Riemann mapping theorem


This is an easy consequence of the Schwarz lemma. As a corollary of the theorem, any two simply connected open subsets of the Riemann sphere which both lack at least two points of the sphere can be conformally mapped into each other. ==History== The theorem was stated (under the assumption that the boundary of U is piecewise smooth) by Bernhard Riemann in 1851 in his PhD thesis.


However, in order to be valid, the Dirichlet principle needs certain hypotheses concerning the boundary of U which are not valid for simply connected domains in general. The first rigorous proof of the theorem was given by William Fogg Osgood in 1900.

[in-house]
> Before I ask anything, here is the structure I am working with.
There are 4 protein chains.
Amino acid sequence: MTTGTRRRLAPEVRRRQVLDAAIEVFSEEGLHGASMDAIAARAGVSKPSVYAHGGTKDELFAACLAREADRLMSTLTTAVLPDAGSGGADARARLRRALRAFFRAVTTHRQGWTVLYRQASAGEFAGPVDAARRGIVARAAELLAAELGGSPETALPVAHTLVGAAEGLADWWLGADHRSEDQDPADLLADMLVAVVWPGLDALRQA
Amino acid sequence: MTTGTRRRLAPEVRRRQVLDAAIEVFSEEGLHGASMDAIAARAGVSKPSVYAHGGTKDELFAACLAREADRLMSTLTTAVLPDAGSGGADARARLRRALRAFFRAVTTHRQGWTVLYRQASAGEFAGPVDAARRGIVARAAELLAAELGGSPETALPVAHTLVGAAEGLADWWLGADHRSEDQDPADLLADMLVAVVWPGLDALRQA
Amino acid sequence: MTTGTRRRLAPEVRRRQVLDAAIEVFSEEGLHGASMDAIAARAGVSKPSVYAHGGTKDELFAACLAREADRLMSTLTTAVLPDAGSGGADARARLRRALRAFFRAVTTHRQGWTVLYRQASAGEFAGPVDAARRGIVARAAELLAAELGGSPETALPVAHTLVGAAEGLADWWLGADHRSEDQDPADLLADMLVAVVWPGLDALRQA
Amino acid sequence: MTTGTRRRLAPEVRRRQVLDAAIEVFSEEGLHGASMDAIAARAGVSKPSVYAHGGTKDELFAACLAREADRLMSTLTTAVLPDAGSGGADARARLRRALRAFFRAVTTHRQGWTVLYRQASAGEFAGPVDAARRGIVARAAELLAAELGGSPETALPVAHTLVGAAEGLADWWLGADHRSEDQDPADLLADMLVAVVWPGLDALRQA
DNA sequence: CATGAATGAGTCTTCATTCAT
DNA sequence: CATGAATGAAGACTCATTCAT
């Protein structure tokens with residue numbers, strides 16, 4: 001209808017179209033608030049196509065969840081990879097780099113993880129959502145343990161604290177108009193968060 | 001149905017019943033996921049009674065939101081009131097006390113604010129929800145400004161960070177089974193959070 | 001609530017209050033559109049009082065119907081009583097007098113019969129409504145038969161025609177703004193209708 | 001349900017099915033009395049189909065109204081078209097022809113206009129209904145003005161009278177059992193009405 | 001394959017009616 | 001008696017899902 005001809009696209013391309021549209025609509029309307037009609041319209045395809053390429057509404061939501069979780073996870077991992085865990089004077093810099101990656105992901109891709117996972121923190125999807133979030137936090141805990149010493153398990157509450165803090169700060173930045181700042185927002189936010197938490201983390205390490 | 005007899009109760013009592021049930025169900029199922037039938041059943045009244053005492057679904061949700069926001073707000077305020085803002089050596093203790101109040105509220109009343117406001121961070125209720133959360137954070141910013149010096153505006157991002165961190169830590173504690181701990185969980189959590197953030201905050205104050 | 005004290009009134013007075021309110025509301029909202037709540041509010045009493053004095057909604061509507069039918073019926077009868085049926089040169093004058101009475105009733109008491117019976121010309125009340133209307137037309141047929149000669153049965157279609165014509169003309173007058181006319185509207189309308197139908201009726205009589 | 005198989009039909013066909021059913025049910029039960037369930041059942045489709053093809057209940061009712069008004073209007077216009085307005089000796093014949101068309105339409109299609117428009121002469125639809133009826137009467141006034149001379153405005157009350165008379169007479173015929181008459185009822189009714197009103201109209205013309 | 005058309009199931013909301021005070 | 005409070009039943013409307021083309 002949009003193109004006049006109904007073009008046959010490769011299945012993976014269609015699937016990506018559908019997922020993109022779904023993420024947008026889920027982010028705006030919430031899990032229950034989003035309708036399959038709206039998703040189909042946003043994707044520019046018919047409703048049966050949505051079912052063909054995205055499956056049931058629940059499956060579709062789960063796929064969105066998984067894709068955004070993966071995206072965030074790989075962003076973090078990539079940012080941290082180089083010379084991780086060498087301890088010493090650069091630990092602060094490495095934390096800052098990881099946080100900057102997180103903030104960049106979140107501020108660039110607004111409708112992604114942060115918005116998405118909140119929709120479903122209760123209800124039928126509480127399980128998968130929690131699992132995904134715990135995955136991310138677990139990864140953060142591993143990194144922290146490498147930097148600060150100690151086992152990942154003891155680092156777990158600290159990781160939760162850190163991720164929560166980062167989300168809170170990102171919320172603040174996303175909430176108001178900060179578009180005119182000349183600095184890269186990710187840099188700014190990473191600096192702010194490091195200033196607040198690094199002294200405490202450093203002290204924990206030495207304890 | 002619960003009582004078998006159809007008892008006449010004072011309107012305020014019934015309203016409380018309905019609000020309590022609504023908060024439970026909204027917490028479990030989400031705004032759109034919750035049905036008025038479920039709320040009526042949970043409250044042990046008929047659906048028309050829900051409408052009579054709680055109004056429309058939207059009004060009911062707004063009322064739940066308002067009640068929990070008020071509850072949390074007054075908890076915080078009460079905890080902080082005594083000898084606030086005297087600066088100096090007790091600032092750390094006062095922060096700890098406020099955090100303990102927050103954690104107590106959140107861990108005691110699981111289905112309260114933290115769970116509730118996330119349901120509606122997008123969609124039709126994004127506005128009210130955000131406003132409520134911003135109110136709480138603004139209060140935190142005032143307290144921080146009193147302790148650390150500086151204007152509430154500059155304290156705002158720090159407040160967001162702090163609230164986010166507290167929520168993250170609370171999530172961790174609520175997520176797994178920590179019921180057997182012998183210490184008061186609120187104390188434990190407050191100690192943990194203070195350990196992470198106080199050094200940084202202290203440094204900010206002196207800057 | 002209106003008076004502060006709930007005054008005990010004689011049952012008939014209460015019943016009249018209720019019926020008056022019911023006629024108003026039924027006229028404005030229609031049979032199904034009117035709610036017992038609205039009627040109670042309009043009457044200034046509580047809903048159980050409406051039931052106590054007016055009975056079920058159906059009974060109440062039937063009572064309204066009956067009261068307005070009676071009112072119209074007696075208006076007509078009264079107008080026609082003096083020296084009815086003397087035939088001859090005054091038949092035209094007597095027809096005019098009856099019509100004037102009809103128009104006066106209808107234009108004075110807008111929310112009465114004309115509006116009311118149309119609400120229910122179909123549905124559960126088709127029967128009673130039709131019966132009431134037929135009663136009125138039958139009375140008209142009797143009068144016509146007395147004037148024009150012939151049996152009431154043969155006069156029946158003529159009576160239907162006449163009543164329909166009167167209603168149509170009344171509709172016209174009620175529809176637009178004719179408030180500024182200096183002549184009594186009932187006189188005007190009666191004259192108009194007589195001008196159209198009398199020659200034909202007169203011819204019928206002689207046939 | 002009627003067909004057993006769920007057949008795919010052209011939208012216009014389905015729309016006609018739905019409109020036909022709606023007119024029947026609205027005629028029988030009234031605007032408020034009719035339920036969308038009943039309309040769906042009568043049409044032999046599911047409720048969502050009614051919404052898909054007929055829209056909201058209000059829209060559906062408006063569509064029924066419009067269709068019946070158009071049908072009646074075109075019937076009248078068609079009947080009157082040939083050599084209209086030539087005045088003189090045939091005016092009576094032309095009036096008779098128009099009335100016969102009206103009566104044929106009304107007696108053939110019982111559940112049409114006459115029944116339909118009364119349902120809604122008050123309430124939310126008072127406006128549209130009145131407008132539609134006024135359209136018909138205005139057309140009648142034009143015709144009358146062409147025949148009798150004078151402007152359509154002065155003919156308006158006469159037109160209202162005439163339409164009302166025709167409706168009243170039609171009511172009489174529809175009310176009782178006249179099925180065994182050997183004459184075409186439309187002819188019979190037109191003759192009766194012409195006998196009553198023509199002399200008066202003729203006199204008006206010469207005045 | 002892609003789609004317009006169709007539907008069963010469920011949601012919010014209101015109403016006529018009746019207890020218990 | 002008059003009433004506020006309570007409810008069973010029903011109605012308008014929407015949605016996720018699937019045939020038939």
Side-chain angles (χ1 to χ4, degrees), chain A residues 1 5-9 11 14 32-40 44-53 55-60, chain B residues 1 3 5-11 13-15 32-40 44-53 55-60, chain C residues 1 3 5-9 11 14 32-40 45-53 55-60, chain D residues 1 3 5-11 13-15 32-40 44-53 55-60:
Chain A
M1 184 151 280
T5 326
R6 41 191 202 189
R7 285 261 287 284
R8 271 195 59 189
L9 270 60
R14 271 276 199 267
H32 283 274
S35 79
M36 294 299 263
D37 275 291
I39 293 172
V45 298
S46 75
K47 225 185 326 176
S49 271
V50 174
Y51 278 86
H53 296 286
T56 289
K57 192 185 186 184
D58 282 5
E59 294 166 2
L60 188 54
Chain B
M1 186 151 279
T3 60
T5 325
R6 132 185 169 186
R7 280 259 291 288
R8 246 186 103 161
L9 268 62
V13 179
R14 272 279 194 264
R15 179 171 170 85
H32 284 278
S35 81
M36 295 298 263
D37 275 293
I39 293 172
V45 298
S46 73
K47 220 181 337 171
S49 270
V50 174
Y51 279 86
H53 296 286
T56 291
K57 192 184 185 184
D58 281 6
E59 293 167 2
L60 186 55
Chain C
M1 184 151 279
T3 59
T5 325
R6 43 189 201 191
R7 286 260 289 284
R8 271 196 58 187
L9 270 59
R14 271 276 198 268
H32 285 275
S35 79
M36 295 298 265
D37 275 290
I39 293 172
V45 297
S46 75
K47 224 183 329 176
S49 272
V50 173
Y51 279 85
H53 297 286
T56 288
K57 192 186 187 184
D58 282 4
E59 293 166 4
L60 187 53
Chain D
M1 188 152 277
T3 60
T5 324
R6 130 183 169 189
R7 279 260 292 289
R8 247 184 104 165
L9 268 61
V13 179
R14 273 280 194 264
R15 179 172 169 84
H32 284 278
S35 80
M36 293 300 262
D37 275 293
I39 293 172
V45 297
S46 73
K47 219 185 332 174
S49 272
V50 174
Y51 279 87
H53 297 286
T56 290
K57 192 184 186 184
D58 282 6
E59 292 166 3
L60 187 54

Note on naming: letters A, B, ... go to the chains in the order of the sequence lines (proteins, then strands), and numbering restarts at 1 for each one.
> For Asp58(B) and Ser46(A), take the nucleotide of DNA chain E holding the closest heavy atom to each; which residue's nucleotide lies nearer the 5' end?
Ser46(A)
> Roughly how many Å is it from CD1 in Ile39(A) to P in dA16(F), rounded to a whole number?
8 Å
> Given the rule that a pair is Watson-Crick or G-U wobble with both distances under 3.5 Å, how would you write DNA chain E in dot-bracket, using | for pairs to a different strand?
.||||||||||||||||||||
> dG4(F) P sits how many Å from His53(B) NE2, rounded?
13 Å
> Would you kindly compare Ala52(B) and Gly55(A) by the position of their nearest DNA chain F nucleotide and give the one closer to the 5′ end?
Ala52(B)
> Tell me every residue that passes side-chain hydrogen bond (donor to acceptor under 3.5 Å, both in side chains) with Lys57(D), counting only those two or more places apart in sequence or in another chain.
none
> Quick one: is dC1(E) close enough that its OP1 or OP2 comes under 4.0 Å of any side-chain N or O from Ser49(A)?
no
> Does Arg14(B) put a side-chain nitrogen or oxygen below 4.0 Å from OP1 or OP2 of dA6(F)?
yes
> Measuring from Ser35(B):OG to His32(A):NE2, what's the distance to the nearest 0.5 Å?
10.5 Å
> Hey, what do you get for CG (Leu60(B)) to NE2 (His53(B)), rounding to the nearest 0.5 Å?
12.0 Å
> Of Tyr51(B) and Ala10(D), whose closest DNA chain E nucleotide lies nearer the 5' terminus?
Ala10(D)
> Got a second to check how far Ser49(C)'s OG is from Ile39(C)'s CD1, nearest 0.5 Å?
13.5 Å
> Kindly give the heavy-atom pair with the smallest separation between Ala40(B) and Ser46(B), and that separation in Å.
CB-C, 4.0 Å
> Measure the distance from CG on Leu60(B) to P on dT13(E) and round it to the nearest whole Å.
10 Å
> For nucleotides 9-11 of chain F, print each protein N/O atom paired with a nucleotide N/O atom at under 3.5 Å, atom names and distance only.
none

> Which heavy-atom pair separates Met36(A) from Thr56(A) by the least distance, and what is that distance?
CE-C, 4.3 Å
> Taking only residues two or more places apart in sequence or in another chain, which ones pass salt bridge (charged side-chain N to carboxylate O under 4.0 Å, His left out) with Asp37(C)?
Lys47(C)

He proved the existence of Green's function on arbitrary simply connected domains other than C itself; this established the Riemann mapping theorem. Constantin Carathéodory gave another proof of the theorem in 1912, which was the first to rely purely on the methods of function theory rather than potential theory.


Carathéodory continued in 1913 by resolving the additional question of whether the Riemann mapping between the domains can be extended to a homeomorphism of the boundaries (see Carathéodory's theorem). Carathéodory's proof used Riemann surfaces and it was simplified by Paul Koebe two years later in a way that did not require them.


Another proof, due to Lipót Fejér and to Frigyes Riesz, was published in 1922 and it was rather shorter than the previous ones.

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